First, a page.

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Book Review

Wildflowers of Mainland Greece: Recommended Botanical Excursions in Mainland Greece Including the Peloponnese
by Johannes Flohe
Self-published, 2015, ISBN 978-3-00-049688-2. €29.80.

Reviewed by Fleur Pavlidis
Photographs by Johannes Flohe

Photographs to illustrate the feview published in The Mediterranean Garden No 86, October 2016.

Johannes Flohe, a now retired German school teacher, has maintained his passions for botany and plant photography over an entire lifetime. Greece was the destination of many of his plant-hunting trips and this book is the culmination of 14 visits to mainland Greece. With 777 illustrations it gives a fabulous display of the range of flowers to be found by the persistent plant hunter. Mr Flohe takes his reader (addressed throughout as Dear Reader) in the grip of his enthusiasm and leads her to the locations of the flowers he has searched out to satisfy his own eagerness for new plants and the perfect photograph.

Crocus goulimyi, photographed north of Areopoli,
Mani October 2009; endemic to S Peloponnese

Campanula asperuloides, photographed in the Langada
Gorge, Mt Tayetos July 2001, an endemic of the Peloponnese

Adonis cyllenea, photographed  on Mt Saitas
May 1999; endemic to N Peloponnese, (named for Mt Kyllini)

How I wish he had been born 40 years earlier (that is, in 1895!) so that I could have had the benefit of this book during my early years in Greece. Travelling the length and breadth of the mainland as we did then we naturally tripped over scores of wonderful wild flower sites, but it took me years to recognise what I was looking at; indeed, reading here what I could have seen I’ve felt a case of “been there, failed to see that” regret.

The major part of the book is divided into four sections covering the mountains of northern Greece, the mountains of central Greece, the Peloponnese, and north-west Greece. Mr Flohe describes his routes and the plants he has set out to find and if and where he finds them. We also learn about the terrain, the weather and good country hotels on the way. Naturally as a visitor rather than a resident the author could not investigate every nook and cranny of such a diverse country, but in his short chapters he gives the feel of the grandeur of the landscape along with the detail of the flowers which is the delight of plant-hunting in any country but particularly in Greece.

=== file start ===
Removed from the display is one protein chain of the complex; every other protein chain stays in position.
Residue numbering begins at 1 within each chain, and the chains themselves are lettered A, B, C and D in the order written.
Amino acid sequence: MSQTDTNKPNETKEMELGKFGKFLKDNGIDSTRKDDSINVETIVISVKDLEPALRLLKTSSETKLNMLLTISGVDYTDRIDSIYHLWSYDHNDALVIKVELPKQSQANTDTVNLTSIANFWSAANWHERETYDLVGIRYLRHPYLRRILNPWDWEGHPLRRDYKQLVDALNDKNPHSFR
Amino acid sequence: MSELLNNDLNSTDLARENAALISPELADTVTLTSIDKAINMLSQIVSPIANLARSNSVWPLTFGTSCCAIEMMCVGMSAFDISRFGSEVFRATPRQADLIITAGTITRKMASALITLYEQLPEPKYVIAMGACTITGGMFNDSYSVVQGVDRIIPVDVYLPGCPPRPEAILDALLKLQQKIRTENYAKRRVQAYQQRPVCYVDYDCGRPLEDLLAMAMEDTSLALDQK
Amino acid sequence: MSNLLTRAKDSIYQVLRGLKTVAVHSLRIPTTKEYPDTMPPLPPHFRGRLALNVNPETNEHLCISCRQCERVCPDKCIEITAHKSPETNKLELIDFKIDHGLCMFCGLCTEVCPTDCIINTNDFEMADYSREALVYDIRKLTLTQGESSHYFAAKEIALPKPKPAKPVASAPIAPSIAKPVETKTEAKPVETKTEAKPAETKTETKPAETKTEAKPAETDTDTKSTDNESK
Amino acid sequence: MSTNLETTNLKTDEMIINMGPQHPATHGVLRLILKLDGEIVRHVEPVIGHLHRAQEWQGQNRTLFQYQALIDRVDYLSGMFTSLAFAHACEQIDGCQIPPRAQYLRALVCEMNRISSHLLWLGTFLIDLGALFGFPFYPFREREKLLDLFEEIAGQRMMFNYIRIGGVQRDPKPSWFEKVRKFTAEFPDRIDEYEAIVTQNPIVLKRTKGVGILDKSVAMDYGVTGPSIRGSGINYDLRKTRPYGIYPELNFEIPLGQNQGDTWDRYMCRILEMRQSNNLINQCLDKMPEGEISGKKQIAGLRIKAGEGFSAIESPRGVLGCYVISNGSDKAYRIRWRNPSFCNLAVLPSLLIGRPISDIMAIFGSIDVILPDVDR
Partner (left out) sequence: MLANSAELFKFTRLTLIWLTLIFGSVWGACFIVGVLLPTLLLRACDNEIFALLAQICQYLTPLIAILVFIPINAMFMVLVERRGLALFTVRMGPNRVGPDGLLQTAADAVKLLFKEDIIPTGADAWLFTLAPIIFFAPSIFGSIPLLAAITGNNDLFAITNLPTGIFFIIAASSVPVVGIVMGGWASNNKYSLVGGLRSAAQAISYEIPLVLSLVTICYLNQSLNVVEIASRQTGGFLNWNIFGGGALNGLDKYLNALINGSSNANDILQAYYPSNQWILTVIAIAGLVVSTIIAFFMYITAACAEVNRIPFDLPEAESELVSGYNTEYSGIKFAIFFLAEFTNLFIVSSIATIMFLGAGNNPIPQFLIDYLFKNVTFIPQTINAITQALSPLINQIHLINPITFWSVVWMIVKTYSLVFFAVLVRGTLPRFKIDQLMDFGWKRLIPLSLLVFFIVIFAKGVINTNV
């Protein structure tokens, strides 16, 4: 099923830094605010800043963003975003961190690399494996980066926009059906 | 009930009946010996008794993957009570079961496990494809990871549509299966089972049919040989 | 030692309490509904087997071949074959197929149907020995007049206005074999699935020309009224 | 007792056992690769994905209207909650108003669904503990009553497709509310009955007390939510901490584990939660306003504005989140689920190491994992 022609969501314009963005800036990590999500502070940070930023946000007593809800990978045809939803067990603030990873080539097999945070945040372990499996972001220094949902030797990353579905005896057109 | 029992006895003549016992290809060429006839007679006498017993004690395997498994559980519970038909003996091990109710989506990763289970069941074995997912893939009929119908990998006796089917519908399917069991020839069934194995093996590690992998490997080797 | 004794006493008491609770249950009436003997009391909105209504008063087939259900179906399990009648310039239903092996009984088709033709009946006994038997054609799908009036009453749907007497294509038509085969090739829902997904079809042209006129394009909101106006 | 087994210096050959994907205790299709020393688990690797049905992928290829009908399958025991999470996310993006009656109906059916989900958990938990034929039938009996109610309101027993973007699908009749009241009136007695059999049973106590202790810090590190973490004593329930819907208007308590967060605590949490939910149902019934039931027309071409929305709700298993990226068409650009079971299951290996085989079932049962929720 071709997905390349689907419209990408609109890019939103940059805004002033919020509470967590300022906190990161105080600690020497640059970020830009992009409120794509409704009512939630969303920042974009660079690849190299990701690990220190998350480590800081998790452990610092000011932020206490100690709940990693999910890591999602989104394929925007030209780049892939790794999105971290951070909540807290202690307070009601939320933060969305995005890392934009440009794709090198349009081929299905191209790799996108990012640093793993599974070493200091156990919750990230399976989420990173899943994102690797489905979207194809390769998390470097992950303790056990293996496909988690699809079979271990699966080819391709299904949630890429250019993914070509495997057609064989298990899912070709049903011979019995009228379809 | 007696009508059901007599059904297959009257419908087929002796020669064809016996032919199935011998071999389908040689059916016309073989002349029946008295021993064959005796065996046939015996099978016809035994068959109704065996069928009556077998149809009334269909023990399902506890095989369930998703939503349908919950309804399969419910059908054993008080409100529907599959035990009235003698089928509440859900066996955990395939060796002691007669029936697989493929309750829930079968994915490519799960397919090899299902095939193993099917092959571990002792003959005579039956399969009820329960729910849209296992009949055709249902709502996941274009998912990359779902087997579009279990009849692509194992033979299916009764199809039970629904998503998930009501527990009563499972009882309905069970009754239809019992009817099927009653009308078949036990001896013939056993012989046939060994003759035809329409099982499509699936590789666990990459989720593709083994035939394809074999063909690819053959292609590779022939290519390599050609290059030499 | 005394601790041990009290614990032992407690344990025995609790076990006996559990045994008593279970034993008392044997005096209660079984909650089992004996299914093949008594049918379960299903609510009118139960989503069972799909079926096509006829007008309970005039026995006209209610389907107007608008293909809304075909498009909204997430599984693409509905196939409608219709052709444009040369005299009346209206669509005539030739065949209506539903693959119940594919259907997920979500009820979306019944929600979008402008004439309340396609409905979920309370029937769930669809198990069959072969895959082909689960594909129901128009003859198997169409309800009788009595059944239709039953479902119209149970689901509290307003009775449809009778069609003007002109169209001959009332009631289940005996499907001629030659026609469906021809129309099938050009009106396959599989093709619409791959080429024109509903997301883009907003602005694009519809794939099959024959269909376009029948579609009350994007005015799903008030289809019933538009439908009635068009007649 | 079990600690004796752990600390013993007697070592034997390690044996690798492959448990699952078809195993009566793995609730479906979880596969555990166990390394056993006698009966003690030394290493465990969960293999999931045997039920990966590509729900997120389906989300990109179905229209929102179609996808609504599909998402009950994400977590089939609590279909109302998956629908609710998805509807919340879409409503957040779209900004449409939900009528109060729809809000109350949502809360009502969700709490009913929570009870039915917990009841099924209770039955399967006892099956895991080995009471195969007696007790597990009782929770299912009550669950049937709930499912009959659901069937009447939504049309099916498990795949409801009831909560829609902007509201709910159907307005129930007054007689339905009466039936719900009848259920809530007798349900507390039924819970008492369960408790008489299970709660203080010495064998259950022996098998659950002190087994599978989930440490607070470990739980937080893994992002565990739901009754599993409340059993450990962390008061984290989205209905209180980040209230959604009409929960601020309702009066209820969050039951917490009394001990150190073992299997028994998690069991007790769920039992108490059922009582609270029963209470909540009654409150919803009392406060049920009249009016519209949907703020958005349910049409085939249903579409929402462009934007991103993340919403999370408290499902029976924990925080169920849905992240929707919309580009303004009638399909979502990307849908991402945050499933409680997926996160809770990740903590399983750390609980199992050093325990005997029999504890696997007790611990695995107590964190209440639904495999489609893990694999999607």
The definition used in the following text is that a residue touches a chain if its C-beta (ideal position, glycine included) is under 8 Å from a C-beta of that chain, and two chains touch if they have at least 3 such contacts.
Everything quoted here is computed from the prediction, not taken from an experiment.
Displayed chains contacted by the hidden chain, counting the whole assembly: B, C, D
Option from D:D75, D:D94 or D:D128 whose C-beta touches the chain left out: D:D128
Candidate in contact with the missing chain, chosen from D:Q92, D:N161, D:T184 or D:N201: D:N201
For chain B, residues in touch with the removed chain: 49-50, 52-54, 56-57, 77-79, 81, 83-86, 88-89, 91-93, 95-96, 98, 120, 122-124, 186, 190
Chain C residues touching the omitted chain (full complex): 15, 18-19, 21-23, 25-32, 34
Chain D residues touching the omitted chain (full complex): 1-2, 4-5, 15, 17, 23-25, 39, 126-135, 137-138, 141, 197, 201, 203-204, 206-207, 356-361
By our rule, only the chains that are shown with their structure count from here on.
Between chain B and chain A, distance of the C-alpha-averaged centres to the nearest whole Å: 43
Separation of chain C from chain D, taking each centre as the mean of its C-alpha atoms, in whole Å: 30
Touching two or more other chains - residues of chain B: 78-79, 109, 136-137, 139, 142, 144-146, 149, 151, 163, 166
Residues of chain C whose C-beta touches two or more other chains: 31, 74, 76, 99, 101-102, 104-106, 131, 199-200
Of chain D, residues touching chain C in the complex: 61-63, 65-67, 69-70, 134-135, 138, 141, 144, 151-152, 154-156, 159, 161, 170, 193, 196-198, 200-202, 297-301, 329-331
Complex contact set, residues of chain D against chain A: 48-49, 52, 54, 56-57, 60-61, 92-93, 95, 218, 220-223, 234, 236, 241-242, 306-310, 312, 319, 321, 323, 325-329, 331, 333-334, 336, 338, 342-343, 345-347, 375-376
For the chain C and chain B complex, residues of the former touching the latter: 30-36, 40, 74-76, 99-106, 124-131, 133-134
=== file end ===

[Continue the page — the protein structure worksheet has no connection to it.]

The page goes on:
Fritillaria obliqua,  photographed in Dionisos,
Mt Pendeli, April 2000

Paeonia parnassica, photographed on Mt Parnassus
May 2009; endemic to Central Greece

Campanula incurva, photographed in Pelion, Western Greece, June 1994

Fortunately (from my point of view) in northern Greece he picks out our adopted village of Papingo as the most beautiful village of the Pindus Mountains and the best place to stay for forays into the towering peaks of Astrakas.

The first walks he describes on Mount Olympus are on the lower slopes and he identifies the many plants that can be found close to the coffee kiosk at Prionia which can be reached by car. At this point I stopped reading and started planning our trip… Mount Olympus is a big gap in our travelling; we failed to climb it in our youth and now regard it as too challenging, but the lower slopes sound good enough. Mind you, given Mr Flohe’s age when he was tramping up mountains I’m sure he would consider me a wimp for not aiming to get at least to the first refuge.

Apart from the main sections there are interesting notes on water and bog plants, particularly in the northern lake of Kerkini; flowers to be found on the beach; and the disappearance of wild flowers. As a German, Mr Flohe has witnessed the careless destruction of wild flower stands in his native country by the use of modern agricultural methods and along with all of us he is grateful that Greece has not seen such efficient and determined ‘modernisation’.

In an earlier life I think I would have been quite put out by the lack of categorisation in the ordering of the many photographs illustrating this book. To quote the author “... the pictures are not arranged according to family, genus and species….. the images are arranged so that their colours and locations are in harmony with each other…” Wow! It works for me though because in the age of computer searches the ordering of data has lost its purpose, just use the search and find whatever you want. So here I use the index.

Iris sintenisii, photographed  in Ganadio, Mt Smolikas, NW Greece, June 2007

Lilium rhodopaeum, photographed  in Livaditis, Xanthi,
endemic to the Rhodopi Mountains of Bulgaria and
NE Greece, June 1998

Stachys pangaea, photographed on Mt Pangeon,
Makedonia, N Greece, where it is endemic, on July 2011

Digitalis lanata or Grecian Foxglove, photographed on
Mt Falakron, Makedonia, N Greece June 2007

Not all the nearly eight hundred flowers pictured are mentioned in the text of course, but under each one is the general location and date of the photograph. One detail I do like is that all the orchids are gathered together after a short chapter describing them, as are the water and bog plants.

So this is an excellent book for novice and old hand alike, rather too heavy for the rucksack but ideal for the car glove compartment when next you set out on a Greek plant hunt.

Also written and published by Johannes Flohe: Crete – a unique paradise of flowers.
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